The Indian economy is also saddled with a national unemployment rate that is over 15 per cent of the adult labour force, and a prevalence of child labour arising out of nearly 50 per cent of children not making it to school beyond standard five, a deeply malfunctioning primary and secondary educational system, 300 million illiterates and 250 million people in a dire state of poverty.
Moreover, India’s educated youth is skill deficient, risk averse in attitude and largely unemployable in the cutting-edge manufacturing sector. According to Macaulay’s Minute on Education, our universities still produce clerks for government administration and not innovators of the future.
Besides these, India’s infrastructure is in a pathetic state, with frequent power breakdowns even in metropolitan cities, a dangerously unhealthy water supply system in urban areas, and a very poor road network where there are gaping holes even on the National Highways.
India’s infrastructure requires about $150 billion to make it world class, while the education system needs six per cent of GDP instead of 2.8 per cent today.
Need for reform These problems can be addressed only by comprehensive, second generation, systemic reform that makes the economy an efficient, competitive market oriented one that leverages our potentialities (such as our civilizational heritage of innovative intellect), and which minimises the inefficiency, squandering and corruption in the deployment of our vast resources.
India has much potential today to become a booming economy; it has a demographic dividend of a young population of average age of 28 years compared to China’s 35 years, the U.S.’s 38 years, Europe’s 46 years and Japan’s 49 years.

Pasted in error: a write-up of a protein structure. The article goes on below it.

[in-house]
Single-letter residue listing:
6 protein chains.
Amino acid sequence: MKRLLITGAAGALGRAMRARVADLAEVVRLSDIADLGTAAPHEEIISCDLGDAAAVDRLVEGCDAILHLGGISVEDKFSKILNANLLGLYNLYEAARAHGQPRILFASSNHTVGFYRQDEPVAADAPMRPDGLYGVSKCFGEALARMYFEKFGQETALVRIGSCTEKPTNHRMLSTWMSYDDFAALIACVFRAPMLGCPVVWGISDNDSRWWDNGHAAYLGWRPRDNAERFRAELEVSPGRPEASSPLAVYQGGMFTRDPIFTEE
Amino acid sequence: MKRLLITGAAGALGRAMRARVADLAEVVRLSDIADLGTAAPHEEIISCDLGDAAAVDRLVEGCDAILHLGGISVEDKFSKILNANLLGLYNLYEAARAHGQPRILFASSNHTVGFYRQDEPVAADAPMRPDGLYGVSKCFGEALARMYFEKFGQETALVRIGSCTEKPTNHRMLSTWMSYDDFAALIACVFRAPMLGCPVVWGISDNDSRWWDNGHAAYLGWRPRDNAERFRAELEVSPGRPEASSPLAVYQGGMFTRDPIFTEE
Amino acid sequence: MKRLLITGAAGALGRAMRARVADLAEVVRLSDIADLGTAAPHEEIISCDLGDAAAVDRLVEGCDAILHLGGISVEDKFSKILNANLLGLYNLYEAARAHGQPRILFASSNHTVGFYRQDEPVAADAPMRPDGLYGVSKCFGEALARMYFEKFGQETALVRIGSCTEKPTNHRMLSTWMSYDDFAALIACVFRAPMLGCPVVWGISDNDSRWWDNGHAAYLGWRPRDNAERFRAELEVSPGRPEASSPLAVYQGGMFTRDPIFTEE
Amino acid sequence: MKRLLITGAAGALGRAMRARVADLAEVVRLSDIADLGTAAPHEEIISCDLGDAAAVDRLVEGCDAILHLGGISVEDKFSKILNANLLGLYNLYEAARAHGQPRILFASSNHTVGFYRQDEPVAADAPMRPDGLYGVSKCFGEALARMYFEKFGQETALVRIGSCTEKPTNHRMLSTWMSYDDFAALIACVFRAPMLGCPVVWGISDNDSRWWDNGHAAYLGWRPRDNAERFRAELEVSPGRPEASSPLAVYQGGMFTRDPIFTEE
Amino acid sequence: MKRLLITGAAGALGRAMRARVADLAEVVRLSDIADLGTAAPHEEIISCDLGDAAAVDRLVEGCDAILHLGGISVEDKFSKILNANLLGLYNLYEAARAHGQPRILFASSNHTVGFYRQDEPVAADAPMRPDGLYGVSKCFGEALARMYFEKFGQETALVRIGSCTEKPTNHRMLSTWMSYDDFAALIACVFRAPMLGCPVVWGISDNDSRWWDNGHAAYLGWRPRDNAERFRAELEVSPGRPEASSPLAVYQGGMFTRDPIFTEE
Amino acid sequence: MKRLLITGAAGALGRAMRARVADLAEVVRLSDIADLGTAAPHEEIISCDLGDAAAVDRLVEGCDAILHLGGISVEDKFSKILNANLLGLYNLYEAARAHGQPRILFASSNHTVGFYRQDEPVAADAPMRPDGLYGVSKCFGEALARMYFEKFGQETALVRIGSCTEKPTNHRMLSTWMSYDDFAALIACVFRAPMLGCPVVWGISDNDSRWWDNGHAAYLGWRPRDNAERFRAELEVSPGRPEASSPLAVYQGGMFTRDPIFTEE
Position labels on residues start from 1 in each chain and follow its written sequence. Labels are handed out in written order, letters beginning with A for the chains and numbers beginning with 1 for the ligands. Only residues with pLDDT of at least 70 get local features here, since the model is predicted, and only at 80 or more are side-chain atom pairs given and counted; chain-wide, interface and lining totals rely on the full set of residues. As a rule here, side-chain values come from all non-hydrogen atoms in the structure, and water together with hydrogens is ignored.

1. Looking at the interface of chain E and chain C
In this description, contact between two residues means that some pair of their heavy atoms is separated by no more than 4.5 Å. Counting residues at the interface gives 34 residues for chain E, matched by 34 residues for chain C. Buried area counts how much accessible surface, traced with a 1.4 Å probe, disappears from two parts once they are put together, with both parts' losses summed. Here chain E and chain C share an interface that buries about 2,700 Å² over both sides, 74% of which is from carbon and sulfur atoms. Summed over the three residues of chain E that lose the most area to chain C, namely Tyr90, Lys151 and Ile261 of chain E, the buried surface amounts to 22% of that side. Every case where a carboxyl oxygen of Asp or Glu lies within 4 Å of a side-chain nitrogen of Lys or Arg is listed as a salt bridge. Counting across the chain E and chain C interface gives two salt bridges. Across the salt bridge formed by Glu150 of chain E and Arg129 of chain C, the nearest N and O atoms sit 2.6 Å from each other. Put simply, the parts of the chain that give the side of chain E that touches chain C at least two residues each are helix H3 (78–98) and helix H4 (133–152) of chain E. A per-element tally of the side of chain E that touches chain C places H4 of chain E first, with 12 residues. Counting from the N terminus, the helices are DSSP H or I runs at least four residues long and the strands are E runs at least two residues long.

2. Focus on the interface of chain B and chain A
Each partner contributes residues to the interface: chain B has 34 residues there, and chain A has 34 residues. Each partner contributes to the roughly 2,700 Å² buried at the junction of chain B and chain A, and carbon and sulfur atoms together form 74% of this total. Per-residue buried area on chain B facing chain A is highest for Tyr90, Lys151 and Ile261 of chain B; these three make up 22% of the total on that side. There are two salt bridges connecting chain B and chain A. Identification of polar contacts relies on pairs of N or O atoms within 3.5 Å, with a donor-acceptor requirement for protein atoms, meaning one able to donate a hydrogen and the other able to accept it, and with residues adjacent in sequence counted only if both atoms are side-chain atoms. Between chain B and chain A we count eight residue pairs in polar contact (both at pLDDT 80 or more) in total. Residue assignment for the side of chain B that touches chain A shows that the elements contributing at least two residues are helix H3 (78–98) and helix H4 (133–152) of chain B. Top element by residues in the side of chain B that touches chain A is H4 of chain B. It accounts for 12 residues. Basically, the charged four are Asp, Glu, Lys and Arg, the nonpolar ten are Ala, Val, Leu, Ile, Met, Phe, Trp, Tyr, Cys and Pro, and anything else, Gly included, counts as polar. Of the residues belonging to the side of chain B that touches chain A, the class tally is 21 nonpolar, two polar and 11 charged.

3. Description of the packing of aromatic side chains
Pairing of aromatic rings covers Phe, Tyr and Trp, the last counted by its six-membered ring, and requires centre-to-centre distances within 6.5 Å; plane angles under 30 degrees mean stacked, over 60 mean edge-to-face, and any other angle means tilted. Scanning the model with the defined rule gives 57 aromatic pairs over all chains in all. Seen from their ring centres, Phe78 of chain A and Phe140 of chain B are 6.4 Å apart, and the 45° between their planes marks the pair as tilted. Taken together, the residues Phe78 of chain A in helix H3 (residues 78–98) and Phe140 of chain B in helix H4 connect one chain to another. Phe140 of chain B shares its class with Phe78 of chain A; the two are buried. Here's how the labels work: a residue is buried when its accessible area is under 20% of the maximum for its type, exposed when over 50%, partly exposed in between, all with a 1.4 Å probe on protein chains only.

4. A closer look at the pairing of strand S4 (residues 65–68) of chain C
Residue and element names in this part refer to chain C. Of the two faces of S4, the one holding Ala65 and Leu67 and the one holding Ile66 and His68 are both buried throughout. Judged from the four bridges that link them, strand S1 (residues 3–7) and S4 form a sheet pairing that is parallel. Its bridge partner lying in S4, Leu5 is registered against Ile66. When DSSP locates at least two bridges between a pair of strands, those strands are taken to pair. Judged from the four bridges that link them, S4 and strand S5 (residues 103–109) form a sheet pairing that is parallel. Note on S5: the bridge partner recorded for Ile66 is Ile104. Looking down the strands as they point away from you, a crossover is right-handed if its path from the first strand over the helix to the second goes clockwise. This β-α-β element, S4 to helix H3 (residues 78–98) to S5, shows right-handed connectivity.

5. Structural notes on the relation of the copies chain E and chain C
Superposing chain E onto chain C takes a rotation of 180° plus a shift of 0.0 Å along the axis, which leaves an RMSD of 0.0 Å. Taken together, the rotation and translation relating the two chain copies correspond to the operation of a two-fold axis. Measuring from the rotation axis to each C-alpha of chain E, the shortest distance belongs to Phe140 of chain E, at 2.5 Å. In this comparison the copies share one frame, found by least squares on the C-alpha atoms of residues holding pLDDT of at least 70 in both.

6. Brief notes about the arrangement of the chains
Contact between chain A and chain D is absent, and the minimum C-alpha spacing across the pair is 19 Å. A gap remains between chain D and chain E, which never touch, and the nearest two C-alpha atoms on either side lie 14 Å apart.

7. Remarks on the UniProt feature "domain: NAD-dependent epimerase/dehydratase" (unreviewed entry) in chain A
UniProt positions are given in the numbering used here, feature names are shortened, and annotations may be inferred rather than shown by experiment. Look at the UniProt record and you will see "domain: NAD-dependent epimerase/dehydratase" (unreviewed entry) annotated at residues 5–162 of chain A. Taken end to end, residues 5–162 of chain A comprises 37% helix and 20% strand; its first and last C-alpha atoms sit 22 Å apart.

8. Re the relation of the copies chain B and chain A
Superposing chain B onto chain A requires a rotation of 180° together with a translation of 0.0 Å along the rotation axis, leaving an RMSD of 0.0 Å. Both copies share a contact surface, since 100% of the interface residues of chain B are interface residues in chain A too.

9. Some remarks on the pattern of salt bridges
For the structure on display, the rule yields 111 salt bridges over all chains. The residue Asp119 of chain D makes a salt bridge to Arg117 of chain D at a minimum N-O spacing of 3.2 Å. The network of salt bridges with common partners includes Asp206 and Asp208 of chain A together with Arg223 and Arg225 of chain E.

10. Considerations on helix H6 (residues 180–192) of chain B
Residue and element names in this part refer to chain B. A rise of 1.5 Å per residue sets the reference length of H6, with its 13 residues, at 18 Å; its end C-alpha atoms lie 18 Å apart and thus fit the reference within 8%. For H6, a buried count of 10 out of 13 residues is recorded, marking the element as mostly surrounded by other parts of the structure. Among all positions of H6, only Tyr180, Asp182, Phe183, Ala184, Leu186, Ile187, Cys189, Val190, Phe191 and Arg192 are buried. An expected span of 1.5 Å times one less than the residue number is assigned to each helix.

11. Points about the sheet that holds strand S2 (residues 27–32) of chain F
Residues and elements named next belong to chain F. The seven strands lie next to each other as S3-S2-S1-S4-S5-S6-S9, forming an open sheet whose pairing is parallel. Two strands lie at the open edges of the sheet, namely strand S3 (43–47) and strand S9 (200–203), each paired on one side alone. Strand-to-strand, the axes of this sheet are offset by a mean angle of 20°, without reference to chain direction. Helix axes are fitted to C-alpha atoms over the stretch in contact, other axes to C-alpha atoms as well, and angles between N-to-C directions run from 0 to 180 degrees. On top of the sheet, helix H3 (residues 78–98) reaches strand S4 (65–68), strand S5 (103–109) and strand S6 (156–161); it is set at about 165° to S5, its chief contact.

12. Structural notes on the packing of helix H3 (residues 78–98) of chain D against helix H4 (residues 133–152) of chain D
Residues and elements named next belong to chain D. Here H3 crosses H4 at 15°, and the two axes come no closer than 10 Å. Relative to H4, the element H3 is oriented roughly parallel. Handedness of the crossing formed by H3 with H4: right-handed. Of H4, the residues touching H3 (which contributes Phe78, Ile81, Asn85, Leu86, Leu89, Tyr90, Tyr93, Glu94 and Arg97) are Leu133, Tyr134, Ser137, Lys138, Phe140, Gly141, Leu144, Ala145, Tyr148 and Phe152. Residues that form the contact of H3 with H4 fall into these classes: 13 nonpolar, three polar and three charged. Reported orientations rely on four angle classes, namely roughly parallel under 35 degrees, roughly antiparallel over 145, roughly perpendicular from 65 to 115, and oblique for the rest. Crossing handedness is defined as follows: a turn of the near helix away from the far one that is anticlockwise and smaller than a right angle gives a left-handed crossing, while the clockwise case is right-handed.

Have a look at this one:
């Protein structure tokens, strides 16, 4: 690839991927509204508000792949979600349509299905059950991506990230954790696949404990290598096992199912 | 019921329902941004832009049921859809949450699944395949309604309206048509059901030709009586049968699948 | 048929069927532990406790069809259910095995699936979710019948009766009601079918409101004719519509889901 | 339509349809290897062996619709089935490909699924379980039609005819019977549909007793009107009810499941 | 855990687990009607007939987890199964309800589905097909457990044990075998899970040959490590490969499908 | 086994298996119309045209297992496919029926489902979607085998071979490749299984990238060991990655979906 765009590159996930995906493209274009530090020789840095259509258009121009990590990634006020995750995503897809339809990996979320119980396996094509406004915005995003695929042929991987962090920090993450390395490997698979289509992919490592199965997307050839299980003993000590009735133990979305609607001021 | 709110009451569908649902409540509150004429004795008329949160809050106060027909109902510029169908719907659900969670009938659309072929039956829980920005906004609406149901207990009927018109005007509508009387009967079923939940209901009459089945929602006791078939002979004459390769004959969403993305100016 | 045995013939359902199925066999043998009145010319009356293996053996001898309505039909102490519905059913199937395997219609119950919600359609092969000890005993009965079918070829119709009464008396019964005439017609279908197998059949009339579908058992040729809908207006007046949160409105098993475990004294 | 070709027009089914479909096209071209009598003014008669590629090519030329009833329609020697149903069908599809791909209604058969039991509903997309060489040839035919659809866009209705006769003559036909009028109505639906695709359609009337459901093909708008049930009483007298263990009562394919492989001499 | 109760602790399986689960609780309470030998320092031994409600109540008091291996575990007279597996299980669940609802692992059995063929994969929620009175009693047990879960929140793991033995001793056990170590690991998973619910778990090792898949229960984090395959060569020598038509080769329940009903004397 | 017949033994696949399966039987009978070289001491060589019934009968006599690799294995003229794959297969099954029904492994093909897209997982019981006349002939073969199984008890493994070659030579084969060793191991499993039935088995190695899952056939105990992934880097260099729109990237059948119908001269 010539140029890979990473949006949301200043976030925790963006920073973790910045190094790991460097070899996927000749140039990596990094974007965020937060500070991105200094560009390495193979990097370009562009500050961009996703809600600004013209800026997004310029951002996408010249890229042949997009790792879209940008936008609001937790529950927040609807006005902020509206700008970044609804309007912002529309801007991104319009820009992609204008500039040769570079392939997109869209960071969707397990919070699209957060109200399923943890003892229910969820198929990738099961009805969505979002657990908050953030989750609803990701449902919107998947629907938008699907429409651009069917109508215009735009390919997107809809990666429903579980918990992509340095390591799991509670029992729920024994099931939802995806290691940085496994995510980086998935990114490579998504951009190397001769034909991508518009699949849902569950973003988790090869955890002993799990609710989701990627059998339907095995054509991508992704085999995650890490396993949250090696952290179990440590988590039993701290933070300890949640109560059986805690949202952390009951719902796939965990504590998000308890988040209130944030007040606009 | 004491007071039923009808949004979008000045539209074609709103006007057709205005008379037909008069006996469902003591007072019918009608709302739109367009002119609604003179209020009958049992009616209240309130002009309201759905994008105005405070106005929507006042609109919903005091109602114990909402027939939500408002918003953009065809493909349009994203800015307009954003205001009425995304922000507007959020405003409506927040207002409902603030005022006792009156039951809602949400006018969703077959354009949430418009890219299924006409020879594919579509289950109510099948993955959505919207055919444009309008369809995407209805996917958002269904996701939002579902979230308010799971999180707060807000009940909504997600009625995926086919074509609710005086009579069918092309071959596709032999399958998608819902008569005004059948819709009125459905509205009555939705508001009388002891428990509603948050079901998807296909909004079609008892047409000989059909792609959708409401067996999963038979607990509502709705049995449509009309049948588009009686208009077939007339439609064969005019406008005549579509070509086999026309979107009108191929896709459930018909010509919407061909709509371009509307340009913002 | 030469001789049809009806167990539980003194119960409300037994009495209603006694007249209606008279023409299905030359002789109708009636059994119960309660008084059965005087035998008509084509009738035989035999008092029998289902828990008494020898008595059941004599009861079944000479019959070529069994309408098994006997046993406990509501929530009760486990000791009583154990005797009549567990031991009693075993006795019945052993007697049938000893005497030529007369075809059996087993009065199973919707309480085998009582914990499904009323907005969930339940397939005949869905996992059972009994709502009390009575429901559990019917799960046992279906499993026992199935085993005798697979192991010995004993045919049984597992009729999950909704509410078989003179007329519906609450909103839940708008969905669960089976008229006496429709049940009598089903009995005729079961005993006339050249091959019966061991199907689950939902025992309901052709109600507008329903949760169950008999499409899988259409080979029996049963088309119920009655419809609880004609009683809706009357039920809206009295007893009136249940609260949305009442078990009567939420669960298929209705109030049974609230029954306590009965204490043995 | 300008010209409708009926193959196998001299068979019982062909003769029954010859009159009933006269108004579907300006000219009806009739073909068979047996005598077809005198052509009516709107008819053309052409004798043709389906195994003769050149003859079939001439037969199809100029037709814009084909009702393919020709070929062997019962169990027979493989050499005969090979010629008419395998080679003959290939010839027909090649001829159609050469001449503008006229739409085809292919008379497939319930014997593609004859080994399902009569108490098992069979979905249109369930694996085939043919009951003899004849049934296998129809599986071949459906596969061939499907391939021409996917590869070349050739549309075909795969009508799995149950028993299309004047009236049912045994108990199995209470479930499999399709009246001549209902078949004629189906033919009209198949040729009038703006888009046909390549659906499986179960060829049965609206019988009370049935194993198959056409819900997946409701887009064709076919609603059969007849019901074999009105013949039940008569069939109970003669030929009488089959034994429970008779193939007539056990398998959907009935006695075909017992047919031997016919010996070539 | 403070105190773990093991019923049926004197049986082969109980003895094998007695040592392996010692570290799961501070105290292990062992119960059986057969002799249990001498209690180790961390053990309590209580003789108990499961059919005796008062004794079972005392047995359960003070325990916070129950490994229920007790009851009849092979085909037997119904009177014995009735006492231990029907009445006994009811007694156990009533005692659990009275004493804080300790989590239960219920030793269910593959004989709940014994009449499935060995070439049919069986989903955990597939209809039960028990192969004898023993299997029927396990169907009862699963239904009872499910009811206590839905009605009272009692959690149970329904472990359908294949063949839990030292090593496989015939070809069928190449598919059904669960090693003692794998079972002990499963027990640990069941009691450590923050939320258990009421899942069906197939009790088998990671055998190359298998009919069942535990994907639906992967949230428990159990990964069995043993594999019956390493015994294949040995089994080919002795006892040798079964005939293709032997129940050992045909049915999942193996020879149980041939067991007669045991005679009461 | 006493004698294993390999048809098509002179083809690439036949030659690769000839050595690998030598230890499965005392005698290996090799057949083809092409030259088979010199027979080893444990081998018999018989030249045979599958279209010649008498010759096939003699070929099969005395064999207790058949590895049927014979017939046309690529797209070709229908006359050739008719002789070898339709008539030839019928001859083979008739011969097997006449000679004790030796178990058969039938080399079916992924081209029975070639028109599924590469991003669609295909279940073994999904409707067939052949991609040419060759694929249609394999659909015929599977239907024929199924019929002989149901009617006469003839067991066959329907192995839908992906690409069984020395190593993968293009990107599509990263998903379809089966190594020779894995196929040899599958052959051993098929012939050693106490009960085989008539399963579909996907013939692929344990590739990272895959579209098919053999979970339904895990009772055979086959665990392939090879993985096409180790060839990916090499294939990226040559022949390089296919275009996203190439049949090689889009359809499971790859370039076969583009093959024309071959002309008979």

Internationally, Indian agriculture has the lowest yield in land and livestock-based milk products whose yield can easily be raised judging by the performance in experimental agricultural plots of the Indian Agricultural Research Institute (IARI) and the Indian Council of Agricultural Research (ICAR) and by also borrowing agricultural techniques from Israel. Indian agriculture and milk products are also internationally at a low cost of production. With proper infrastructure and packaging, India can certainly become a global player in agricultural exports.
Even though India is also gifted with a full 12 months a year of farm-friendly weather, it grows just one crop a year in over 75 per cent of arable land when it can grow three crops a year. It also has the advantage of a highly competitive, skilled labour force and low wage rates at the national level, the advantages of which have been already proved to the world by the outsourcing phenomenon. What is needed is a bold commitment of sufficient resources to harvest this potential.
An open competitive market system can find these resources as has been demonstrated in the auction of the 2G Spectrum licences if the quality of governance and accountability is improved.
A transparent policy regime, auctioning of natural resources (if it is used for commercial private enterprise), and the unearthing of the vast $1.5 trillion in black money stashed abroad will enable the government to marshal sufficient resources for a massive investment in a second generation economic reform while reducing the tax burden on people.
As an economist, the only advice I can give the Modi government is to take some steps that will raise the morale of the consumer and investor. That means income tax abolition and reducing the annual interest rate to nine per cent.
The good news is that the built-in potential in the economy is easy to tap for revival, as is the basic resilience of the Indian people to face any situation as demonstrated from past crises.
Only one year of the mandate has elapsed, so there is still time to make the necessary course correction and put India on a fast, 12 per cent growth trajectory.
(Subramanian Swamy is a former Professor of Economics and Union Cabinet Minister of Commerce.)